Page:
3. They tell us, that God left not himself without witness, Acts 14.17. and this Witness, fay they, is the Univerfal Light within. But let us read the Context. Which (intention of offering Sacrifice unto them) when the Apostle's Barnabas and Saul beard of, they rent their cloaths, and ran in among the people, crying out, and faying, Sirs, why do ye these things? We also are Men of like passions with you, and preach unto you, that ye fhould turn from thefe Vanities unto the living God, which made heaven, and earth, and the fea, and all things that are therein; who in times paft fuffered all Nations to walk in their own waies. Nevertheless he left not himself without witness, in that he did good, and gave us rain from heaven, and fruitful feafons, filling our hearts with food and gladness. 'Tis faid that God left. not himself without witnefs; but how? why in that be did good, and gave us rain, &c. By vouchfafing thefe Mercies to Mankind, God daily proved that there was an infinitely wife and gracious Being

which Men ought to worship; and that those stocks and ftones, or dead Men, which the Heathens payed their Adorations to, were not Gods, because 'twas impoffible that they thould do Men good, and give Rain, &c. The Witness therefore, or proof of the True God's Exiftence, which was left with the Heathens, was their daily experience of his beneficence. And is the daily experience of God's beneficence that Univerfal Light within which our Adverfaries contend for?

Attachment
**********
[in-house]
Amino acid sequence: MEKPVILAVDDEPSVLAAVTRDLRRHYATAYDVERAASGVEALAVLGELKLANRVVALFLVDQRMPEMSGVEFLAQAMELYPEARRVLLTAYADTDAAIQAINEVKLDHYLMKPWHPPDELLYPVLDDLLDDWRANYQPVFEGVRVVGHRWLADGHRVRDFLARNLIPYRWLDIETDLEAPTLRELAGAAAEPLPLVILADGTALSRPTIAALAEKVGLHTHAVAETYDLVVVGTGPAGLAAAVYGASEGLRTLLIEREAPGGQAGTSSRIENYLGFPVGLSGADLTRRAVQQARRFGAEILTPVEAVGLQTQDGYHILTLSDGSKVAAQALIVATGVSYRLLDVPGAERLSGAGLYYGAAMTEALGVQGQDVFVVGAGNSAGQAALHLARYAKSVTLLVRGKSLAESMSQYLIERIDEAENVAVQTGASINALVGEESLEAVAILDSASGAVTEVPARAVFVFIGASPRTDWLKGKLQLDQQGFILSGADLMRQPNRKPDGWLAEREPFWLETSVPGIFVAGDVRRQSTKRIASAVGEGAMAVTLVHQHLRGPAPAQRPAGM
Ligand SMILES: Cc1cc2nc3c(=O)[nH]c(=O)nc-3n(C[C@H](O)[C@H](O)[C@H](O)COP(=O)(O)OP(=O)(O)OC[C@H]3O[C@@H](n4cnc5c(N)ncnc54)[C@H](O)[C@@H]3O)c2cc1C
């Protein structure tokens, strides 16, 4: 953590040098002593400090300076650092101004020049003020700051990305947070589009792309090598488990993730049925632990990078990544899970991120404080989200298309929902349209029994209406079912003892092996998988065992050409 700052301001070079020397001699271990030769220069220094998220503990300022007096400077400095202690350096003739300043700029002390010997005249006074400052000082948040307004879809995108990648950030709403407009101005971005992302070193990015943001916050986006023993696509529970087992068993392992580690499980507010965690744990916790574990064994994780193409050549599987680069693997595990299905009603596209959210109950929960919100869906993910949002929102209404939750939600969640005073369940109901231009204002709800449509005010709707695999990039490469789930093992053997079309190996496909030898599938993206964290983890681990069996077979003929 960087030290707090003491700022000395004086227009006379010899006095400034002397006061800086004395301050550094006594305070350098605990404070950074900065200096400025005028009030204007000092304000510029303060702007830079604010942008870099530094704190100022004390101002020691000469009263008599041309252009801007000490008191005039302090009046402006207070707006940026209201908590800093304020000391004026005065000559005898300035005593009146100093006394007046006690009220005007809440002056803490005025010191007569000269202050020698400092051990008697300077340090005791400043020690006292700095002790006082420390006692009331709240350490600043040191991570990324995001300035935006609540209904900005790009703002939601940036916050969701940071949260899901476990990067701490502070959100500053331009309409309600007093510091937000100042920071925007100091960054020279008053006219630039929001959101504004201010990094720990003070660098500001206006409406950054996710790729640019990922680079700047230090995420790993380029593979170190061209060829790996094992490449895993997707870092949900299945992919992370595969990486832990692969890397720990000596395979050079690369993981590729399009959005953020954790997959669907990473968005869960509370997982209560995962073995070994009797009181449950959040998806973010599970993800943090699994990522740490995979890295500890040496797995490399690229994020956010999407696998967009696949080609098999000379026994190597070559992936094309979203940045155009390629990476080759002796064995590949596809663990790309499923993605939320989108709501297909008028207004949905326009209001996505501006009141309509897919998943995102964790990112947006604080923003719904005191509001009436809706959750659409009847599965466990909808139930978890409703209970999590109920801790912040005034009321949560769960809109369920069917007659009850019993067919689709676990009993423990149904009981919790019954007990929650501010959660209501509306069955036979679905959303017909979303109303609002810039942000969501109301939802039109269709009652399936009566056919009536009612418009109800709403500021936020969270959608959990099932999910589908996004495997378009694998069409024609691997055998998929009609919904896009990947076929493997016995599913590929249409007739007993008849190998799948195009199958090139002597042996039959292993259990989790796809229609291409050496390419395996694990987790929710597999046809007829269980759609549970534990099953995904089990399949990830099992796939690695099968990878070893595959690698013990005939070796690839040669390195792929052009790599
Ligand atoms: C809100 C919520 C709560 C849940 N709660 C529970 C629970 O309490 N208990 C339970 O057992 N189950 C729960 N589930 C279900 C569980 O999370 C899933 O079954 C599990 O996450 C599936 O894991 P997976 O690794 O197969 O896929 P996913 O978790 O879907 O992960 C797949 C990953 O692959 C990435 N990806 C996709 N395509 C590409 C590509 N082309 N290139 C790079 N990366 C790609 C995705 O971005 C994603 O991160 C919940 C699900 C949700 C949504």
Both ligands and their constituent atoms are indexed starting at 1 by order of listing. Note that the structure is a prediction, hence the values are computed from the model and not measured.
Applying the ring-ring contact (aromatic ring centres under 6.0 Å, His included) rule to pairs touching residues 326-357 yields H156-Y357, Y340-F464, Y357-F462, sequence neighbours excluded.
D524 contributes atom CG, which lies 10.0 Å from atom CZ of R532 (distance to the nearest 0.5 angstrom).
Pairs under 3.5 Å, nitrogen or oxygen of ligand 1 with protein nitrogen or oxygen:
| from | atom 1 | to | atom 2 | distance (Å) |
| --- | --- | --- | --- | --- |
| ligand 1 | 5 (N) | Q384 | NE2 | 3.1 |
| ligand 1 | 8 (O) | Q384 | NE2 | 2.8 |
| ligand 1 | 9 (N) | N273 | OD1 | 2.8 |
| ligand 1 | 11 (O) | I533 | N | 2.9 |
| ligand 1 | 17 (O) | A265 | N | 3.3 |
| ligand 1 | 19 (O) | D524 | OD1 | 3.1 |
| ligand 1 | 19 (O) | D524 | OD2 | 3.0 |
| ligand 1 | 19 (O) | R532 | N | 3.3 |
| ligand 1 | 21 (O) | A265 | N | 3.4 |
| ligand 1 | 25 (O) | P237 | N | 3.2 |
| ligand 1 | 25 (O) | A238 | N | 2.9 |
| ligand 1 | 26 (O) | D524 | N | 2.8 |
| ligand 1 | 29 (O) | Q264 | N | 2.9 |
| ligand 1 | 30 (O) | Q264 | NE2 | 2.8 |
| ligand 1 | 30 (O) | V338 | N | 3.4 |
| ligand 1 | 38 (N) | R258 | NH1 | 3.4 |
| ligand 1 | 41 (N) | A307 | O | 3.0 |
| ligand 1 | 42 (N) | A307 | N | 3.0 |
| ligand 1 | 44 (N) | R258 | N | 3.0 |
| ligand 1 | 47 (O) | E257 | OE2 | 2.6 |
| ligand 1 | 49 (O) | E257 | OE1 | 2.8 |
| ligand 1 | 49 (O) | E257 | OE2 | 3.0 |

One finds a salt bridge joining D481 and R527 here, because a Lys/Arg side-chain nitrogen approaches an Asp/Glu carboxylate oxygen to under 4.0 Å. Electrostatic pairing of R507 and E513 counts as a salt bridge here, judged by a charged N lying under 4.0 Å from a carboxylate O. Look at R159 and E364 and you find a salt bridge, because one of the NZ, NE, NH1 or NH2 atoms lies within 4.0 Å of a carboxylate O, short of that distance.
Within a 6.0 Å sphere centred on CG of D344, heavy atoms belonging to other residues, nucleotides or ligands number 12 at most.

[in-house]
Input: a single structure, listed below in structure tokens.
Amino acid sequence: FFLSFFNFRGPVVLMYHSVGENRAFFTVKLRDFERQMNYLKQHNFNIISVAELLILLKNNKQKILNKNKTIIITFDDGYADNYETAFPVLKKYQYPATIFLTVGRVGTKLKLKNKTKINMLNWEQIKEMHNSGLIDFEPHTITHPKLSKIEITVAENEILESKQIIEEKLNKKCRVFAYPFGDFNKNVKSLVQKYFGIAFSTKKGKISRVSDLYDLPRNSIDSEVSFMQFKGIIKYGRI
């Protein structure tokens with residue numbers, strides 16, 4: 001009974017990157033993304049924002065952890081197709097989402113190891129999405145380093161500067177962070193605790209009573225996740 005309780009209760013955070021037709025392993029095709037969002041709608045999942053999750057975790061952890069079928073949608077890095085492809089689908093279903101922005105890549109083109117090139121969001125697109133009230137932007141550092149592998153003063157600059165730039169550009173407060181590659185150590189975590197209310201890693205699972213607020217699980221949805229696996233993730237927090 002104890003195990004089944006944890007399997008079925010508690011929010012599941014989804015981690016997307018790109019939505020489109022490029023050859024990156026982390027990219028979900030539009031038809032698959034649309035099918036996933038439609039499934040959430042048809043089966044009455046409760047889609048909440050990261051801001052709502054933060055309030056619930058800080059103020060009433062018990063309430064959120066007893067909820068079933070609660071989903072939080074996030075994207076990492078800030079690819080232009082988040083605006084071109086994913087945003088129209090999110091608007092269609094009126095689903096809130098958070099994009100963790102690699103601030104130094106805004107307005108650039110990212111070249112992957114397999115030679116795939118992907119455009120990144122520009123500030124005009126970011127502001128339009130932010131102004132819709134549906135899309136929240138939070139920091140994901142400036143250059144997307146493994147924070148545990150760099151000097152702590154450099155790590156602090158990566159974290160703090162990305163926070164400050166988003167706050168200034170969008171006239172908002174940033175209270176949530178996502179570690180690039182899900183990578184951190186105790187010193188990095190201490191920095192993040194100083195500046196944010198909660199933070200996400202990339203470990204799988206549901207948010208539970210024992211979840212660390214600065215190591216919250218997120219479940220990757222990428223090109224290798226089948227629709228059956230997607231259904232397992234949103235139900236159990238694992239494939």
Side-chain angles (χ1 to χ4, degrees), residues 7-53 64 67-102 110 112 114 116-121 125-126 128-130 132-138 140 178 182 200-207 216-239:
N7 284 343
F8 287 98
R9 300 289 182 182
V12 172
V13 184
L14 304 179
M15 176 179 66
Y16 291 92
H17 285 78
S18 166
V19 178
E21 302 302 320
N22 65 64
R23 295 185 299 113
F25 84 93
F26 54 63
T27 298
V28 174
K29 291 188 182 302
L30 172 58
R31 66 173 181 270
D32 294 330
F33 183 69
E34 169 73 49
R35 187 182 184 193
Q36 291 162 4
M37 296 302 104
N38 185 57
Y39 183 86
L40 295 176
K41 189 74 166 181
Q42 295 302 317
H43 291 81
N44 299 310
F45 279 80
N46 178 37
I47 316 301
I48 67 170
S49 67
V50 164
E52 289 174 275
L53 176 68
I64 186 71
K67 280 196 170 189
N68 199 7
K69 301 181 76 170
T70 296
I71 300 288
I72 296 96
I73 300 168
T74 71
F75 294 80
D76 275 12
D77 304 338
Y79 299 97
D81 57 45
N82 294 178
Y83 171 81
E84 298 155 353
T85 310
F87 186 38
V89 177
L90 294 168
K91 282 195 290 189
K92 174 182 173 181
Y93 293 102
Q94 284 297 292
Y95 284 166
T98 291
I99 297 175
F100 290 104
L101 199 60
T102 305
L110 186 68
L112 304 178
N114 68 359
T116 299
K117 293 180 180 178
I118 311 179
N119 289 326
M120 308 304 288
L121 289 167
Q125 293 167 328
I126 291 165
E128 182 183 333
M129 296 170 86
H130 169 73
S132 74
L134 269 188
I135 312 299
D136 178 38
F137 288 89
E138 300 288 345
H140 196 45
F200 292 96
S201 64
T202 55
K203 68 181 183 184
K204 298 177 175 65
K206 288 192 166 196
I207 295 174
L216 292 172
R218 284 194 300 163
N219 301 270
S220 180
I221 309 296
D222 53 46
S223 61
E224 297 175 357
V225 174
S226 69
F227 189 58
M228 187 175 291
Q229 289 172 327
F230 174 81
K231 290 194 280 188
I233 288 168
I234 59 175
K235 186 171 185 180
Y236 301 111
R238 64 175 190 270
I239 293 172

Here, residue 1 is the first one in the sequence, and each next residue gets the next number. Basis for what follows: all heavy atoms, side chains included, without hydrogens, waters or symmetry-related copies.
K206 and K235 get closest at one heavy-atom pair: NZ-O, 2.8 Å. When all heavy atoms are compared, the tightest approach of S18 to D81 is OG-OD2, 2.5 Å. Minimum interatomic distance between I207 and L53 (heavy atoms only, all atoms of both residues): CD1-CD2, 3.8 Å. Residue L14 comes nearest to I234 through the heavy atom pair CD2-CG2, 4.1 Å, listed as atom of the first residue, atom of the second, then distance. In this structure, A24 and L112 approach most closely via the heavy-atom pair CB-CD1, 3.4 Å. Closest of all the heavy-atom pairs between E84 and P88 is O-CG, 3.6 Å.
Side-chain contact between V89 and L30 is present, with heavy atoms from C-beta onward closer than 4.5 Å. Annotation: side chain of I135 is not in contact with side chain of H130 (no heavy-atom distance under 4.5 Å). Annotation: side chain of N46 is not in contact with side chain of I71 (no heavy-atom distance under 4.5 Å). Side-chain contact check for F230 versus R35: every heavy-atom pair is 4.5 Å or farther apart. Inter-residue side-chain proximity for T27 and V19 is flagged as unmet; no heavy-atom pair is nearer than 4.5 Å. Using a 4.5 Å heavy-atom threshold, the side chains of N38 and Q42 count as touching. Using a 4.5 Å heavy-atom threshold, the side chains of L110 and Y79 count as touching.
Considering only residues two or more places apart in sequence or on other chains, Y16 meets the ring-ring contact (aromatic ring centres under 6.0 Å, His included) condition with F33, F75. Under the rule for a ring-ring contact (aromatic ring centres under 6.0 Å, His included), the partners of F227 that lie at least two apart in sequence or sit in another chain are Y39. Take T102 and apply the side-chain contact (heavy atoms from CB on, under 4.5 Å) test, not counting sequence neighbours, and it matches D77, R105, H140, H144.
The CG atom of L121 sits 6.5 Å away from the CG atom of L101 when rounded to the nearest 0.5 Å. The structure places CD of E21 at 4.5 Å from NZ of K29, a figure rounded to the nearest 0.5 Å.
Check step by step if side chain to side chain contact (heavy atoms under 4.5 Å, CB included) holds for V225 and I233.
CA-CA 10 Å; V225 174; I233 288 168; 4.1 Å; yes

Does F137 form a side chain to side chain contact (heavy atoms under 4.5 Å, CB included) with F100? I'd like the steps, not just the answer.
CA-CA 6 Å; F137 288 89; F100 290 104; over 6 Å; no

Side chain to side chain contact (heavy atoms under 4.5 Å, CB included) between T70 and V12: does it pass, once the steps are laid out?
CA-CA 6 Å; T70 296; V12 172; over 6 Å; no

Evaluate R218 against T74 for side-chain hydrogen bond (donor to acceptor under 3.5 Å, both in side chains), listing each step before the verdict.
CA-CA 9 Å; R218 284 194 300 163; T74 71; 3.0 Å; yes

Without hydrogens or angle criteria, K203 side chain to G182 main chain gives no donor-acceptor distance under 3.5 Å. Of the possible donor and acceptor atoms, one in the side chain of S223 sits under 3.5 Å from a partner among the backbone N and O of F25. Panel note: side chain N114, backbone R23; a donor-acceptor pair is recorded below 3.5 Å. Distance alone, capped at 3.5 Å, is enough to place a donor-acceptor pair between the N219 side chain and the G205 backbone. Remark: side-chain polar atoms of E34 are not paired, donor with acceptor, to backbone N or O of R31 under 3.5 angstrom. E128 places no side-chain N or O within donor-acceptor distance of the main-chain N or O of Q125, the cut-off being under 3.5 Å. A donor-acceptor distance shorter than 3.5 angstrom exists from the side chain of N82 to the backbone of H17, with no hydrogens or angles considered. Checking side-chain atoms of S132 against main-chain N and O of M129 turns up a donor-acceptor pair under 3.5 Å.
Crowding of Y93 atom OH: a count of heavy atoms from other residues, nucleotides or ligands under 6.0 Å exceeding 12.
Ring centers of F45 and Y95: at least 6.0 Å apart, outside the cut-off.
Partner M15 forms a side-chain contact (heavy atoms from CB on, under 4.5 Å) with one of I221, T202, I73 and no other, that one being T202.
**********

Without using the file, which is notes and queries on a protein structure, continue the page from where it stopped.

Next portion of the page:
4. Such another wife Argument they draw from 55.4. where God faies by the Prophet, I have given him for a witness to the people. This Witness, fay they, is the Univerfal Light within. But how do they prove it? Why, as they prove many other things, by bare affertion. The Prophet there fpeaks of the Meffiah, viz. our bleffed Lord; and can our Adverfaries fhew, that our bleffed Lord cannot be a witnefs unto the people, unless he be immediately united to what they call the Univerfal Light within?

5. They tell us, that God hath made of one bloud all nations of men, for to dwell on all the face of the Earth; and bath determined the times before appointed, and the bounds of their habitation; that they hould feek the Lord, if haply they might feel after him, and find him, Acts 17. 26, 27. Now, fay they, the Apostle bids the people to feel after God, and confequently directs them to fomething within themselves, and that is the Universal Light with


Now in anfwer to this I obferve, that these phra fes, to feek the Lord, and to find the Lord, may each of them be understood in two very different fenfes. 1. by feeking the Lord is often meant endeyoring to gain his favor; and by finding Him is